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There's a moose on the loose in your neighbourhood — what do you do?

Alicia is a writer and editor who spends entirely too much time on the computer and is convinced that wine makes her more productive. She has a passion for giving back which typically involves weekends spent with sick children or a home...

When a moose is on the loose in a parking lot, do yourself a favour, and leave it alone

From SheKnows Canada
Shoppers were in for a bit of a surprise when they had to battle a moose for the ultimate parking spot at a Newfoundland shopping centre. The RNC stepped in to try to get the moose safely back where it belonged, but it turned into more of an amusing police chase.

Seeing wildlife is always exciting, but considering a moose — even this young one — is taller than some cars, it can cause some serious damage and injury to anyone in its path. Comments on CBC's Facebook page admonished the police for chasing the poor, confused moose and potentially causing more harm than good.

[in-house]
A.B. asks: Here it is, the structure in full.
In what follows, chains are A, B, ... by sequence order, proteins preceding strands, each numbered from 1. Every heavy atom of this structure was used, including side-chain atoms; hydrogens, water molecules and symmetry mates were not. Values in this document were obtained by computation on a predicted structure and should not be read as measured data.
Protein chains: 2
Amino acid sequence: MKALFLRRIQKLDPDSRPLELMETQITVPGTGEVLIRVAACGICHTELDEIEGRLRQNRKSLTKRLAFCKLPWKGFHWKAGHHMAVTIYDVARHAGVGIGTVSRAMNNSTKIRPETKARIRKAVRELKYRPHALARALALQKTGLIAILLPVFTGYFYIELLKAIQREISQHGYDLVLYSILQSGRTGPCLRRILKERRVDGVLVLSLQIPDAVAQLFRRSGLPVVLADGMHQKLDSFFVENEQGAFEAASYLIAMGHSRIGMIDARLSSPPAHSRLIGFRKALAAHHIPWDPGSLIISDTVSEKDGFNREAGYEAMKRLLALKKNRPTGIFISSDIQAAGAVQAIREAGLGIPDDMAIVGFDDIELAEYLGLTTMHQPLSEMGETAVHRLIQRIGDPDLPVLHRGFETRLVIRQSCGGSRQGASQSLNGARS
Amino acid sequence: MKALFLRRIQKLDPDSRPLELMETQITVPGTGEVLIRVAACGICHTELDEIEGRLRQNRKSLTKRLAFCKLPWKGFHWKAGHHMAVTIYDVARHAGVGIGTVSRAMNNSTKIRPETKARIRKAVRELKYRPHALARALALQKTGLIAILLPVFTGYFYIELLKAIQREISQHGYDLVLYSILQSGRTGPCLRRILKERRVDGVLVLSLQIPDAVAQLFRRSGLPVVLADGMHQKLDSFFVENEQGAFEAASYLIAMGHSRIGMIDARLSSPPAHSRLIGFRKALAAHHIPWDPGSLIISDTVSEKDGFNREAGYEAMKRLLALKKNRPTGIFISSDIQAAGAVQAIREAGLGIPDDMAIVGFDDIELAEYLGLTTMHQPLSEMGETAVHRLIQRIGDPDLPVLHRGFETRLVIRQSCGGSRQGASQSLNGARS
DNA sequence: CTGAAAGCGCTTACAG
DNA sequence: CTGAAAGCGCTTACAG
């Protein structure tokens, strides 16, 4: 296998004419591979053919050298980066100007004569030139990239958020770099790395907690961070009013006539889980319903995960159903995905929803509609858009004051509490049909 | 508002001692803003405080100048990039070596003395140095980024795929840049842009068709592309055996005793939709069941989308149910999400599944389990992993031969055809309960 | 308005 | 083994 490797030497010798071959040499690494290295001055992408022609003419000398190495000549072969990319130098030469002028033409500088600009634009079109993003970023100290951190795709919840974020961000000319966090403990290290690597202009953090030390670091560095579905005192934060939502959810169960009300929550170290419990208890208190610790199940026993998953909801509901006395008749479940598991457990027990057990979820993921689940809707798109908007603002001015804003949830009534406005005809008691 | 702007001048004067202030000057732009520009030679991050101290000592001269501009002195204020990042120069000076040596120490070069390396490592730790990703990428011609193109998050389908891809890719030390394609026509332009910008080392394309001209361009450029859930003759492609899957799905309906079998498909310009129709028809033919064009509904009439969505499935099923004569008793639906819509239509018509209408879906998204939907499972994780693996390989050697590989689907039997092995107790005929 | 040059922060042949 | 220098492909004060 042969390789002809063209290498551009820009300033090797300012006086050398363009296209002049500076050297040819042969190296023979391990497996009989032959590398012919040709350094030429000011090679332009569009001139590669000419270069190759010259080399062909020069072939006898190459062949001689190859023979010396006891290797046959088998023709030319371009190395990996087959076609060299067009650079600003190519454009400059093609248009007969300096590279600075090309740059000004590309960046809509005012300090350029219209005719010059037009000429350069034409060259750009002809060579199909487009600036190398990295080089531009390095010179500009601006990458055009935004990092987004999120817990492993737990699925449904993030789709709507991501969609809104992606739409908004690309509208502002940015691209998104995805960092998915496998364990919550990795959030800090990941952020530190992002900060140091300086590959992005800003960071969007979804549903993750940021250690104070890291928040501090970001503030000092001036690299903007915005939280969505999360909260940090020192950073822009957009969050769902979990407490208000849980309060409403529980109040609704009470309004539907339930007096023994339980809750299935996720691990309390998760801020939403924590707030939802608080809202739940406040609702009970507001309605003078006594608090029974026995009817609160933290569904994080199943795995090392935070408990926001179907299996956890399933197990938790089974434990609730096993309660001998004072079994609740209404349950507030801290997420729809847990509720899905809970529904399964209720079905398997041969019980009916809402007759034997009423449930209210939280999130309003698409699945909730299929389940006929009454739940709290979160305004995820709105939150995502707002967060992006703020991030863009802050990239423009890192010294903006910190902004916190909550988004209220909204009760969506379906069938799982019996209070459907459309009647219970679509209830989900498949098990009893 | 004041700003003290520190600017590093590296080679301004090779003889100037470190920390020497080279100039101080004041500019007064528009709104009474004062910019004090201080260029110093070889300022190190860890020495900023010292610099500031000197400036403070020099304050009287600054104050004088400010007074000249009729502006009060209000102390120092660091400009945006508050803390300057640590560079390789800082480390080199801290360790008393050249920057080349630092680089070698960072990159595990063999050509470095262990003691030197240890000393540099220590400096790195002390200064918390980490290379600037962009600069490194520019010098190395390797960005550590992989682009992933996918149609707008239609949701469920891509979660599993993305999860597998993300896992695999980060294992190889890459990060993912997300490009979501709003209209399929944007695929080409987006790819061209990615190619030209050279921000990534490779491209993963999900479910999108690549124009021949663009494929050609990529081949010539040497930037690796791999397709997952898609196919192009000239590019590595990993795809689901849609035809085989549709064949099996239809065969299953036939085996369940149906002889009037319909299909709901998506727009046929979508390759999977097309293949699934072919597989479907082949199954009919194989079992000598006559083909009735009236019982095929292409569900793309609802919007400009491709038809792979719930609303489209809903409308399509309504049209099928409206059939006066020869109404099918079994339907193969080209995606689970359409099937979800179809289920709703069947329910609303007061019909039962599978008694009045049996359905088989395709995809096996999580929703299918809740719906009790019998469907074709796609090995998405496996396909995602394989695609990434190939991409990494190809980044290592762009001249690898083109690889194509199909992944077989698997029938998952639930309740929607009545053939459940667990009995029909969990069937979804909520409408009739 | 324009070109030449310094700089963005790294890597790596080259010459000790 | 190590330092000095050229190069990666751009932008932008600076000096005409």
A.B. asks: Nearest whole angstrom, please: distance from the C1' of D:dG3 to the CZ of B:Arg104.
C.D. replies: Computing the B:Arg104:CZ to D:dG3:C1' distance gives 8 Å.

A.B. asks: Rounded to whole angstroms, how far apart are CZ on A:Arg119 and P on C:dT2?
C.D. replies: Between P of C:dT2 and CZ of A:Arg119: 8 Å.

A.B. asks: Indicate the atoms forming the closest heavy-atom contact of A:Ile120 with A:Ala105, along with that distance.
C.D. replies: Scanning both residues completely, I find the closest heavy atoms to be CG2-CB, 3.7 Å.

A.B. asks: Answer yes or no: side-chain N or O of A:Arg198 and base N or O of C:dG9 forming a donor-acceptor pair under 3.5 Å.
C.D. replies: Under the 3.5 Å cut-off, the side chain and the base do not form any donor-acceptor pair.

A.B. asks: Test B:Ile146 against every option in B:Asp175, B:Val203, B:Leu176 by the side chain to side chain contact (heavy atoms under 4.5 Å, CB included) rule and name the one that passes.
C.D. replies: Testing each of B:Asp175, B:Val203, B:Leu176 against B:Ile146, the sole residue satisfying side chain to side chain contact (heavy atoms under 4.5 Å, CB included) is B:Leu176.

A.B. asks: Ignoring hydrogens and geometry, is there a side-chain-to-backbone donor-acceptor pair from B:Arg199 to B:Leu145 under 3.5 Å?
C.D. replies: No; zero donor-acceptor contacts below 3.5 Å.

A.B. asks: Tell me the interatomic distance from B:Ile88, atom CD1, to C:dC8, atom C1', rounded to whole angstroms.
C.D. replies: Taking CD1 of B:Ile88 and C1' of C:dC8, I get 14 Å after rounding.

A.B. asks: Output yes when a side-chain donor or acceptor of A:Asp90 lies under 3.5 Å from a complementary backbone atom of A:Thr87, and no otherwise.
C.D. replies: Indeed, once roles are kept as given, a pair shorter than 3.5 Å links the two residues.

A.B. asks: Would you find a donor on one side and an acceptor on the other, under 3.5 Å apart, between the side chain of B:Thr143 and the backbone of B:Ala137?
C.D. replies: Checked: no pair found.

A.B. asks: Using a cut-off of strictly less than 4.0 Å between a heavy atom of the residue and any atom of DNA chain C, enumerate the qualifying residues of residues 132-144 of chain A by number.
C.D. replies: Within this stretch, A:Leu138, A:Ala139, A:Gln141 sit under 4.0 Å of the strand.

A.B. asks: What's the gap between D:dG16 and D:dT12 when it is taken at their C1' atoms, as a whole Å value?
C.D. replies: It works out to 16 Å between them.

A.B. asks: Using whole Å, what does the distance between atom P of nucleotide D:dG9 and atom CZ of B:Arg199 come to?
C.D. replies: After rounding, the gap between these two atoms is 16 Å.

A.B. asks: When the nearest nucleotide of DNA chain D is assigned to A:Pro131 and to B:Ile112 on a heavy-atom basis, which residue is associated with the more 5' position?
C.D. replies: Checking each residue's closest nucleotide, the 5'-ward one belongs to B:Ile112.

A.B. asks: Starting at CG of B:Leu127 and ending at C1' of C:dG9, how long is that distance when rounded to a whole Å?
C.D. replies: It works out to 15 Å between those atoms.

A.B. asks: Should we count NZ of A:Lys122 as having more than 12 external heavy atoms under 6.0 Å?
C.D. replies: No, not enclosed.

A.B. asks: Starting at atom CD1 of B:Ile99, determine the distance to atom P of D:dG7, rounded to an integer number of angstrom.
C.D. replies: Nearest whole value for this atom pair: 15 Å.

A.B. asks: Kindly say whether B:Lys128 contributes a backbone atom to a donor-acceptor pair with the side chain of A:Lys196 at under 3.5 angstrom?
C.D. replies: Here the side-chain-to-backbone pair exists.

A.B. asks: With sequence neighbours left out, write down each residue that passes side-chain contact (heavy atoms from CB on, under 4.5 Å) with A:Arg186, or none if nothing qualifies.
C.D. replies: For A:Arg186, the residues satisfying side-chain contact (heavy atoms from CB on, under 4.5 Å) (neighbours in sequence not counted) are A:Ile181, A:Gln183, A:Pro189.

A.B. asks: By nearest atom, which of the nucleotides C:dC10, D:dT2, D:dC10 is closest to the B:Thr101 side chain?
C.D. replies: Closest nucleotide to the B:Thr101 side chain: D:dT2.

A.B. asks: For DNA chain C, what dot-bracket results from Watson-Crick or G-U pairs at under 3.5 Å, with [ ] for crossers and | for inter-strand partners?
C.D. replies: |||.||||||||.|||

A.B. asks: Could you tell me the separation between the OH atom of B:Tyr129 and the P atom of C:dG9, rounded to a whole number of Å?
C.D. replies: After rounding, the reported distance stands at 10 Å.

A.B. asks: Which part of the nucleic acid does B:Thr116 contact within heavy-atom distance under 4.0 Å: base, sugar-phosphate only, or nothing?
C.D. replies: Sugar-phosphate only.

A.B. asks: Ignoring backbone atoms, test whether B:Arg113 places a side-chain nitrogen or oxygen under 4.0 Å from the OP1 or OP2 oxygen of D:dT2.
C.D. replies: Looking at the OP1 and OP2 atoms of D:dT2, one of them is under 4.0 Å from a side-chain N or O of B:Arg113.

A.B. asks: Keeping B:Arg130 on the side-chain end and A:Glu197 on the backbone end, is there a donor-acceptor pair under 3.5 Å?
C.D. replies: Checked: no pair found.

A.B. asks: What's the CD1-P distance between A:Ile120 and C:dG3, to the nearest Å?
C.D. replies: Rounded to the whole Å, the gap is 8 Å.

But in the end, the police were just trying to help, and the moose safely found his way back to the woods. It raises the question, though — what should you do if you make your way to your car with a basket full of groceries only to find a moose (or any variety of wild animal) is cruising through the lot?

  1. Don't chase it, but don't run from it either. Some animals may be more likely to chase you if you start to run. Not to mention, a moose will outrun you, so you're better off just getting out of the way.
  2. Don't approach it.
  3. Call for help, and alert the store so it can warn other customers.
  4. Don't be tempted to feed it any of your groceries.
  5. Avoid the urge to take a selfie with it. Maintain a safe distance if you do decide to take videos or photos.
  6. If the police are following it, with their lights on, and it could bolt in any direction at any moment, do yourself a favour, and stay in the store.
A moose on the loose in Corner Brook

A moose in Corner Brook had a tough time trying to find a parking space this morning. The police tried to protect the moose as it made its way around town. The good news? The moose eventually found its way back to the woods.

Posted by CBC Newfoundland and Labrador on Thursday, May 7, 2015

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